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Diversifying the Curriculum

​Research suggests that students benefit from seeing their identities represented in course content. As Christine Hockings (2010) describes, “What knowledge is included in the curriculum, who selects it and why are important questions when it comes to designing inclusive curricula…‘what counts as legitimate knowledge is the result of complex power struggles among identifiable class, race, gender and religious groups’” (23). Geneva Gay, in “Culturally Responsive Teaching: Theory, Research, and Practice” (2018), emphasizes the importance of culturally and ethnically diverse course content, arguing that to empower diverse students, curriculum content “must be accessible to students and connected to their lives and experiences outside of school.”  

The choices you make in curating course content can also help to signal role models and authority figures in the discipline. Jenine K. Harris et al. (2020) explore the gender gap in academic publishing and suggest that the issue starts earlier, as part of a “syllabi gender gap.”  Students are also more engaged when they can see how the course relates to their own experiences (Olsen, 2021; Stephens et al., 2018).  

Finally, Chimamanda Adichie (2009) warns us of the danger of singular representations, and urges “Stories have been used to dispossess and to malign, but stories can also be used to empower and to humanize. Stories can break the dignity of a people, but stories can also repair that broken dignity.”  

Reflect on Your Course Content 

 Susan Ambrose et al. (2010) explain that the most inclusive classrooms have “explicitly centralizing climates.” In explicitly centralizing climates, “marginalized perspectives are not only validated when students spontaneously bring them up, but they are intentionally and overtly integrated in the content. The climate here is characterized by obvious and planned attempts to include a variety of perspectives.”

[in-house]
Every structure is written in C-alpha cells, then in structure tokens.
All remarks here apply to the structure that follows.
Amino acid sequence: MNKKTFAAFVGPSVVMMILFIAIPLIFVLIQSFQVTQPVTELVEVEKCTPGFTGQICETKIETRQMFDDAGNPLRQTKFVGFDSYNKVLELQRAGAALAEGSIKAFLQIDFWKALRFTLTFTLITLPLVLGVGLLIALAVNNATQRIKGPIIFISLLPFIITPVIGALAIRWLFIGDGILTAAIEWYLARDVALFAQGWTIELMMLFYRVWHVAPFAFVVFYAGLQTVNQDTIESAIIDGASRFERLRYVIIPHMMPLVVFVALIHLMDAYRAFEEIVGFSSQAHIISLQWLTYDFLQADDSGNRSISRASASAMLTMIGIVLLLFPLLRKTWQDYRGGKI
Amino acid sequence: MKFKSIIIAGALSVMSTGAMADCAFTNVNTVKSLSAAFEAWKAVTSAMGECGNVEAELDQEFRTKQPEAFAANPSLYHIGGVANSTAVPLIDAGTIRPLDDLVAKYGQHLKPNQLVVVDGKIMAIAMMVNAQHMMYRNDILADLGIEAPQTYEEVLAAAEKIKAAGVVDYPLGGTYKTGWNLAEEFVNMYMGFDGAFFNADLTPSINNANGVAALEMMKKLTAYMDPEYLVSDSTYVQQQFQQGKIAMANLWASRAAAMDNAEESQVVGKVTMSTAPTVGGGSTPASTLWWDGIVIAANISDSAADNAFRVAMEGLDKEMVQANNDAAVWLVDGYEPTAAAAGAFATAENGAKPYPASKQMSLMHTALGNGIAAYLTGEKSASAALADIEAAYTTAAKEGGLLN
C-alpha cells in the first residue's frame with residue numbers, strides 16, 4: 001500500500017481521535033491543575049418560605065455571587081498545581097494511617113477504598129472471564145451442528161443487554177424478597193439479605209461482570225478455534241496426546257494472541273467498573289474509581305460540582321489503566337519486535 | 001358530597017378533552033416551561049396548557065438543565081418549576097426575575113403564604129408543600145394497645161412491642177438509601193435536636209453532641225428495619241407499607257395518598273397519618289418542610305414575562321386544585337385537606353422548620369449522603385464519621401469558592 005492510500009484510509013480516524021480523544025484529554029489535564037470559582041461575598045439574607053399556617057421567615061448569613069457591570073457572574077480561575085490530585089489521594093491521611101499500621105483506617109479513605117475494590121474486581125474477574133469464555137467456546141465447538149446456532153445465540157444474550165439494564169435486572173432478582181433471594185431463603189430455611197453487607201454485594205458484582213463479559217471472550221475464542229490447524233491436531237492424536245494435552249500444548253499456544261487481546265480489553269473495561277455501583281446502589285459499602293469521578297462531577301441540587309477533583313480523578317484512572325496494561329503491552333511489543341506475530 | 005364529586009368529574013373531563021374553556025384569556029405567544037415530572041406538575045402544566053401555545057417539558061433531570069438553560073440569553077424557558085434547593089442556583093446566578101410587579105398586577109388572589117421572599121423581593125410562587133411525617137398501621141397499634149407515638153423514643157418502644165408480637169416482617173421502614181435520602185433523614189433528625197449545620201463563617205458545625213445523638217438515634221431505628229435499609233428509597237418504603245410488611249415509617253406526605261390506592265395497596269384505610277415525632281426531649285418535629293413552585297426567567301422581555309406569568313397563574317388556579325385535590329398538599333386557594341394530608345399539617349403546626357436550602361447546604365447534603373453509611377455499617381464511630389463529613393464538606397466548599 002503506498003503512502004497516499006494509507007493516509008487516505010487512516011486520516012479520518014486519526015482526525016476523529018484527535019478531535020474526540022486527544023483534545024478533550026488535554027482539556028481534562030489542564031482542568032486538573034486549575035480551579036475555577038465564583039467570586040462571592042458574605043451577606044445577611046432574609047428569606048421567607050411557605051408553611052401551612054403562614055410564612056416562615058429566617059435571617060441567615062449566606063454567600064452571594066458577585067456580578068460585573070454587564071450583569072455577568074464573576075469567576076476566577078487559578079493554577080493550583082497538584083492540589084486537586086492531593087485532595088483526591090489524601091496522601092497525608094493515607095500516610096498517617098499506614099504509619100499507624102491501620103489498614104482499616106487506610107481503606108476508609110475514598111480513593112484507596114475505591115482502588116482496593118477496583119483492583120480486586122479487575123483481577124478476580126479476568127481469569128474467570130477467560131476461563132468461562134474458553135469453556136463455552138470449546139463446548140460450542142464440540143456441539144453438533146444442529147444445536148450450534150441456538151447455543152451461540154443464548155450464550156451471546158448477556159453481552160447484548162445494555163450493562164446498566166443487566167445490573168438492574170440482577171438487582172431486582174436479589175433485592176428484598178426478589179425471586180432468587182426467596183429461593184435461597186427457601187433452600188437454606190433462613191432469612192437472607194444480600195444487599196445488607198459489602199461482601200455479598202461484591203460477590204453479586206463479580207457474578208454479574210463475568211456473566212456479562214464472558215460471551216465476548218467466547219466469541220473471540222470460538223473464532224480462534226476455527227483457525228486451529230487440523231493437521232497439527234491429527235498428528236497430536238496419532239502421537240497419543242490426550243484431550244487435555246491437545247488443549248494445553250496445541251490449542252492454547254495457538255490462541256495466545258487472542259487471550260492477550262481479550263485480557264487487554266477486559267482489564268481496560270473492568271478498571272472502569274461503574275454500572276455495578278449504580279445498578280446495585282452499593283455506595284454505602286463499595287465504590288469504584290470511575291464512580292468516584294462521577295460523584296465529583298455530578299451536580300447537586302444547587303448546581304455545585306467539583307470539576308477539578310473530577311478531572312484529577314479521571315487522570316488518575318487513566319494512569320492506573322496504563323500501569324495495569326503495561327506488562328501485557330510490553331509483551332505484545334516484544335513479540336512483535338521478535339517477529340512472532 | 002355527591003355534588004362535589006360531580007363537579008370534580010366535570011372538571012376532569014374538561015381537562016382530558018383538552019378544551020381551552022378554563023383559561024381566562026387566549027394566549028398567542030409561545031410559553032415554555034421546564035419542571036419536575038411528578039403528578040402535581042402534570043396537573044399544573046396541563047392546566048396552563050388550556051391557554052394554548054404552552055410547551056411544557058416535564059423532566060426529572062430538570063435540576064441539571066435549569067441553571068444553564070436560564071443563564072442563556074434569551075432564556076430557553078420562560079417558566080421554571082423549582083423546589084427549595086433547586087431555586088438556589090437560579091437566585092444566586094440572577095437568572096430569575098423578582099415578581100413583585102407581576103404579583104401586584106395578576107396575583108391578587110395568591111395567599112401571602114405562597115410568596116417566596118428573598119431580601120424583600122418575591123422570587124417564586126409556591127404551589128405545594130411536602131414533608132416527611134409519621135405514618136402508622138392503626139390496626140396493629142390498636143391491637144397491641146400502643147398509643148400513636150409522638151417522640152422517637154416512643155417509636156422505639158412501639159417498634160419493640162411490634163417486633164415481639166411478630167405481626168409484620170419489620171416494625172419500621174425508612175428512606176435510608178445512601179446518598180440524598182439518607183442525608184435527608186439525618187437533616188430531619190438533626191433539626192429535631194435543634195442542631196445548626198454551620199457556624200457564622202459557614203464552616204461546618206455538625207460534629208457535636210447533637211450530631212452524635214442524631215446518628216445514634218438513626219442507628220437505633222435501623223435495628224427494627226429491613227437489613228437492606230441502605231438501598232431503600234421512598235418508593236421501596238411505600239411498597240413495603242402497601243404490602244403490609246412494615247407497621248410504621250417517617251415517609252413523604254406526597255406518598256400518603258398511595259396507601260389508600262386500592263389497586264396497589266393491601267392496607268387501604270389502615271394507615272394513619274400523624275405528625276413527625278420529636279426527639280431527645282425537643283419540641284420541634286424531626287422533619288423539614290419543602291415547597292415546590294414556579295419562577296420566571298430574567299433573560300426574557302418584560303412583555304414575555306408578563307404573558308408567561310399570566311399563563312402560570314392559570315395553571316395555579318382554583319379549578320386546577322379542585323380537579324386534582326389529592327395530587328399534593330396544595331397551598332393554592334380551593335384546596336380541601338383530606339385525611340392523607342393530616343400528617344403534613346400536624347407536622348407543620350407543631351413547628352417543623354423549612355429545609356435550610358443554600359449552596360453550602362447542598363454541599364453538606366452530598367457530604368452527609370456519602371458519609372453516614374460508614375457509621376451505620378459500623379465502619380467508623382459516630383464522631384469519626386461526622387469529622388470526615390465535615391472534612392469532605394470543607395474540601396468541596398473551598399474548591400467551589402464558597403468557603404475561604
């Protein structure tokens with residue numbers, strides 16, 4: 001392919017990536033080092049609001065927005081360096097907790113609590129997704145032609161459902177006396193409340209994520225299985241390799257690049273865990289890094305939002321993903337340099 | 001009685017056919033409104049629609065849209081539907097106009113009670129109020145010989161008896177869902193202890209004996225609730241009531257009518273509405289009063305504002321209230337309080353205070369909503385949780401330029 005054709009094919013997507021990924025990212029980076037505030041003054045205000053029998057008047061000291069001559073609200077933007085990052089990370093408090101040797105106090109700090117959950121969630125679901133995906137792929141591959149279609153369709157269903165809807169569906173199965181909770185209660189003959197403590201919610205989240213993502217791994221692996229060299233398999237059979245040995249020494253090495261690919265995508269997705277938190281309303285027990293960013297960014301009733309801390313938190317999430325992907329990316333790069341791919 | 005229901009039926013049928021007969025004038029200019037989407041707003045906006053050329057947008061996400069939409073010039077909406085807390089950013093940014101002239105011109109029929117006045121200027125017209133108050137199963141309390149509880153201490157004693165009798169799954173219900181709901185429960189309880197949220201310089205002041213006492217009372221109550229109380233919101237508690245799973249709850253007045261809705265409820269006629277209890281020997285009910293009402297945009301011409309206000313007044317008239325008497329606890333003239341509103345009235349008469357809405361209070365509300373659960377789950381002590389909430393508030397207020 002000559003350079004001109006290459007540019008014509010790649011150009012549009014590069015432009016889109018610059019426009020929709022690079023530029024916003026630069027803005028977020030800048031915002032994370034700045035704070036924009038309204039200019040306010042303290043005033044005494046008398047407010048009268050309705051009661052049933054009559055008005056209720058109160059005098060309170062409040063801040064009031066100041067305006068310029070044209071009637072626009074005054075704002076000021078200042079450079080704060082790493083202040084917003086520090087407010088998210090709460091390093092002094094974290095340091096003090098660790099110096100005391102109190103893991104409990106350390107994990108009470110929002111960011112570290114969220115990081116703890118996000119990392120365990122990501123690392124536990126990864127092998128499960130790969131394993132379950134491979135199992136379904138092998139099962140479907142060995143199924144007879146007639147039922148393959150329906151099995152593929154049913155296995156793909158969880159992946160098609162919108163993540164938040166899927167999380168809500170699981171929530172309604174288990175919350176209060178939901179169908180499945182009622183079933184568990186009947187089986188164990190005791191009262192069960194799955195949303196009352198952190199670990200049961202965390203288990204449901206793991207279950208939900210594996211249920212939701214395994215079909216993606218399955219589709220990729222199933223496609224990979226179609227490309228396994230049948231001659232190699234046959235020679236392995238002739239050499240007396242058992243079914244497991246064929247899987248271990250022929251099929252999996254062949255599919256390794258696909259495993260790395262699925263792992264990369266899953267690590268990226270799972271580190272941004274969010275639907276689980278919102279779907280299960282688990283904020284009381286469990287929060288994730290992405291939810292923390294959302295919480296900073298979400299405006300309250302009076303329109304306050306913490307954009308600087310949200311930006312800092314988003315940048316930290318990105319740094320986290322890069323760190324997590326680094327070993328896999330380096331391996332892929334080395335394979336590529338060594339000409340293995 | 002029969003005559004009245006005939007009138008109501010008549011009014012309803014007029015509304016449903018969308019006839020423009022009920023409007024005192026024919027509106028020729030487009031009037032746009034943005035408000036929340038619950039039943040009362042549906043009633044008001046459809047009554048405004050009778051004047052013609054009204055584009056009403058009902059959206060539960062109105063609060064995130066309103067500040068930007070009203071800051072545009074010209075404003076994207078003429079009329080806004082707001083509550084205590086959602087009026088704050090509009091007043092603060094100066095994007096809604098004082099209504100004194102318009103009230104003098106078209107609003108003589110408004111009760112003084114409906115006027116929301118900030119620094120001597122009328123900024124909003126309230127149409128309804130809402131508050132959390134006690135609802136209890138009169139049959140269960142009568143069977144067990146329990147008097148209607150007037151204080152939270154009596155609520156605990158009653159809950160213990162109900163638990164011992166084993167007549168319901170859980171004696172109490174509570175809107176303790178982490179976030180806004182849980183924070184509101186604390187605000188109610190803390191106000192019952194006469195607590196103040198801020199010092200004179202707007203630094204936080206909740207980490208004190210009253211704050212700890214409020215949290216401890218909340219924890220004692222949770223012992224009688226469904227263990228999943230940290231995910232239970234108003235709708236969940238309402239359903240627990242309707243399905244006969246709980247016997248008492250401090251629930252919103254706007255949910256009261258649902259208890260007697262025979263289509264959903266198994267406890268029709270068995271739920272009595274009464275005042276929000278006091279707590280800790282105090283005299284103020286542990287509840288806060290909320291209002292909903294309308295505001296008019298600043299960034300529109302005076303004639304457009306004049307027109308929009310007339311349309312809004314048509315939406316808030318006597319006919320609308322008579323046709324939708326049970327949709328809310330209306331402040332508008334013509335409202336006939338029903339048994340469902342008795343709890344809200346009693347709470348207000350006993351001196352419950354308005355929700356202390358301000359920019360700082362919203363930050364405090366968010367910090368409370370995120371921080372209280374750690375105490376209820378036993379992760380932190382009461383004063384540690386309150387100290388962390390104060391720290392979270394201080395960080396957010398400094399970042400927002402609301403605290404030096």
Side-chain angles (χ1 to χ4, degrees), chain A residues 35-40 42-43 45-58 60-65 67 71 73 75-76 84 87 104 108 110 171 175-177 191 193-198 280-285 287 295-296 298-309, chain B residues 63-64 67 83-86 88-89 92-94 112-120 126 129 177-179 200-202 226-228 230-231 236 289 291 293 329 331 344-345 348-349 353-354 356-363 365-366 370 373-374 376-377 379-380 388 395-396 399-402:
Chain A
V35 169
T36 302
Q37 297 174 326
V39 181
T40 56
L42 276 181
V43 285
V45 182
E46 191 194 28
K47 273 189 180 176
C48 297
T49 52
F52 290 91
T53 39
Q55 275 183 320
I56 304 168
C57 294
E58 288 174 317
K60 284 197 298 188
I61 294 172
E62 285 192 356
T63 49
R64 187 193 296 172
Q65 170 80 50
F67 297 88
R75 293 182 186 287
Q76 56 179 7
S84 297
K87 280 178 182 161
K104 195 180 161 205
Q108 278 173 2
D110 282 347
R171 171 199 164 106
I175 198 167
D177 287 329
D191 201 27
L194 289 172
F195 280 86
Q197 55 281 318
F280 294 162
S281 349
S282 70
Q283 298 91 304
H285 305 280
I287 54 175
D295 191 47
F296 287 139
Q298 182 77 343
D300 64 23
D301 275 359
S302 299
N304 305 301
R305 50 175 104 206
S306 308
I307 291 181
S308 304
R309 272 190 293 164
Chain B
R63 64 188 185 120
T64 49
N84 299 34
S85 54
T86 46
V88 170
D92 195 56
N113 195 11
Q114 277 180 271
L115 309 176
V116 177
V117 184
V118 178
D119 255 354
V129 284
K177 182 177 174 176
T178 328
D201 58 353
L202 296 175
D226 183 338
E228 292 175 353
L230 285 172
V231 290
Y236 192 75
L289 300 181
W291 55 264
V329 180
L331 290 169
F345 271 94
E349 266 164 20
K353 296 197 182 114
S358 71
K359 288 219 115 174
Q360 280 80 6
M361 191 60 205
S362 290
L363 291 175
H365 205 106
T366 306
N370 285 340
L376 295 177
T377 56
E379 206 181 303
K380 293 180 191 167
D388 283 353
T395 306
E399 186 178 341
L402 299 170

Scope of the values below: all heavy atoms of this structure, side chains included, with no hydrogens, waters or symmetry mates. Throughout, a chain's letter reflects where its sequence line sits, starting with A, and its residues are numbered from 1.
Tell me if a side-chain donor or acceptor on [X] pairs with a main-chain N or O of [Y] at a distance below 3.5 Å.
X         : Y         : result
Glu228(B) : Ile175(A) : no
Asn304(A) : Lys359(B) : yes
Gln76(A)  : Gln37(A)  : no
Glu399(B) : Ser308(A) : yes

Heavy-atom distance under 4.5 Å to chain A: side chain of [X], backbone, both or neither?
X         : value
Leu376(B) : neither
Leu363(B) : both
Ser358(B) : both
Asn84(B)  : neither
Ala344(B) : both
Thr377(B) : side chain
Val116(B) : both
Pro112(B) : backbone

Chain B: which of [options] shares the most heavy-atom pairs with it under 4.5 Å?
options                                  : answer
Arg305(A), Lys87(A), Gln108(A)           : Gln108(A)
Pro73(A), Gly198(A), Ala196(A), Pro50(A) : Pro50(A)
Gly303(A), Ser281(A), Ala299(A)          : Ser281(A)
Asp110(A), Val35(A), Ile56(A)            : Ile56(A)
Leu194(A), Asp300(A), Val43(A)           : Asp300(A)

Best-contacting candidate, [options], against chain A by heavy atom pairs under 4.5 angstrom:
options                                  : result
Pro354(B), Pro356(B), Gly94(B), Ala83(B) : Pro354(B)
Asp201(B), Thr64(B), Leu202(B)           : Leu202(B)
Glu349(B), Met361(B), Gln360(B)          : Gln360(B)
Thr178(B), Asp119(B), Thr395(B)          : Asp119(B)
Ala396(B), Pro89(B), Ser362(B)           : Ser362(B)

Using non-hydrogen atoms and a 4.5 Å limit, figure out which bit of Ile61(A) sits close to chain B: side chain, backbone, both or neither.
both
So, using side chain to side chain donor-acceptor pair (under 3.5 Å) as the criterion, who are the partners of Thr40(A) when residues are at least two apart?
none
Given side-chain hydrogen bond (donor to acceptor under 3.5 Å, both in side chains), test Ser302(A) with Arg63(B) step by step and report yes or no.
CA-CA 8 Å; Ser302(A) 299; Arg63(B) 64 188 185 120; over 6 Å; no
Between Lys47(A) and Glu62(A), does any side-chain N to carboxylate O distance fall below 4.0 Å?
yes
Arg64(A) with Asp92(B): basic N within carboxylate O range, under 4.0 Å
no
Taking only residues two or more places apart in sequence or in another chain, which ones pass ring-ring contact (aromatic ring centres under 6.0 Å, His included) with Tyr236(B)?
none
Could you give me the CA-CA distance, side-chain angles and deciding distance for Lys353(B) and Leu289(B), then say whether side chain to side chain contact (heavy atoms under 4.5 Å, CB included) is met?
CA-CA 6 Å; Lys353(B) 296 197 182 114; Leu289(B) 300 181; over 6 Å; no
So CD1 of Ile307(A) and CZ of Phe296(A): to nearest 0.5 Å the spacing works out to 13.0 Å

Reflect on the canon in your discipline and your course content: 

  • What scholars make up the cannon? What are their social identities? 
  • How has the cannon evolved over time? 
  • What perspectives am I prioritizing? What perspectives are missing? 
  • How can diversity change or enrich the subject matter I am already researching or teaching? 

Your responses to those questions may help you to identify how you can use your own curriculum and course materials to fill in gaps and represent a more diverse set of perspectives and people. 

Resources for Diversifying the Curriculum 

The following resources can be used to help diversify your curriculum: ​

  • Columbia University indicates that selecting course content that recognizes diversity and acknowledges barriers to inclusion is essential to an inclusive classroom. See their guide to selecting course content with this principle in mind. 
  • In “Chapter 3: Context and Content” of Promoting Inclusive Classroom Dynamics in Higher Education (2021), Kathryn C. Olsen points to additional research to support a variety of inclusive course design approaches and lists strategies for creating and curating inclusive content.
  • Stockton University has a set of instructor resources, sorted by academic discipline, for diversifying curriculum. 
  • In “Revolutionizing my Syllabus: The Process,” Bryn Mawr Professor Chanelle Wilson shares her own syllabus revision and decolonization process.
  • Lori Wysong, from the Lepage Center for History in the Public Interest at Villanova University, explores,​ "What Would It Mean to Decolonize the Curriculum." Wysong tracks the history of the term decolonization and curates information from an event series dedicated to exploring the possibility of decolonizing the curriculum. 
  • How Learning Works: Seven Research-Based Principles for Smart Teaching provides guidance on a variety of teaching issues. In “Chapter 6: Why Do Student Development and Course Climate Matter for Student Learning?” Ambrose et al. (2010) provide more research to support inclusive course content and provide concrete strategies for fostering an inclusive course climate. 


Adichie, C. (2009). The danger of a single story. TED talk. 

Ambrose, S. A., Bridges, M.W., DiPietro, M. Lovett, M.C. and M. K. Norman. (2010). How Learning Works: Seven Research-Based Principles for Smart Teaching. San Francisco: John Wiley & Sons

Davis, B. G. (2009). Tools for Teaching. Second Edition. San Francisco: John Wiley & Sons.

Diament, S.M., Howat, A.J., and Lacombe M.J. (2018). Gender Representation in the American Politics Canon: An Analysis of Core Graduate Syllabi. PS, Political Science & Politics. Cambridge University Press.

Hardt H., Kim, H.J., Smith, A.E., P. Meister. (2019). The Gender Readings Gap in Political Science Graduate Training. The Journal of Politics. The University of Chicago Press Chicago, IL.

Hockings, C. (2010). Inclusive Learning and Teaching in Higher Education: A Synthesis of Research. York: Higher Education Academy. 

Olsen, K. (2021). Promoting Inclusive Classroom Dynamics in Higher Education. Stylus Publishing.

Stephens, N.M., Brannon, T.N., Markus, H.R., & J.E. Nelson. (2015). Feeling at home in college: Fortifying school-relevant selves to reduce social class disparities in higher education. Social issues and policy review. 9(1), 1-24.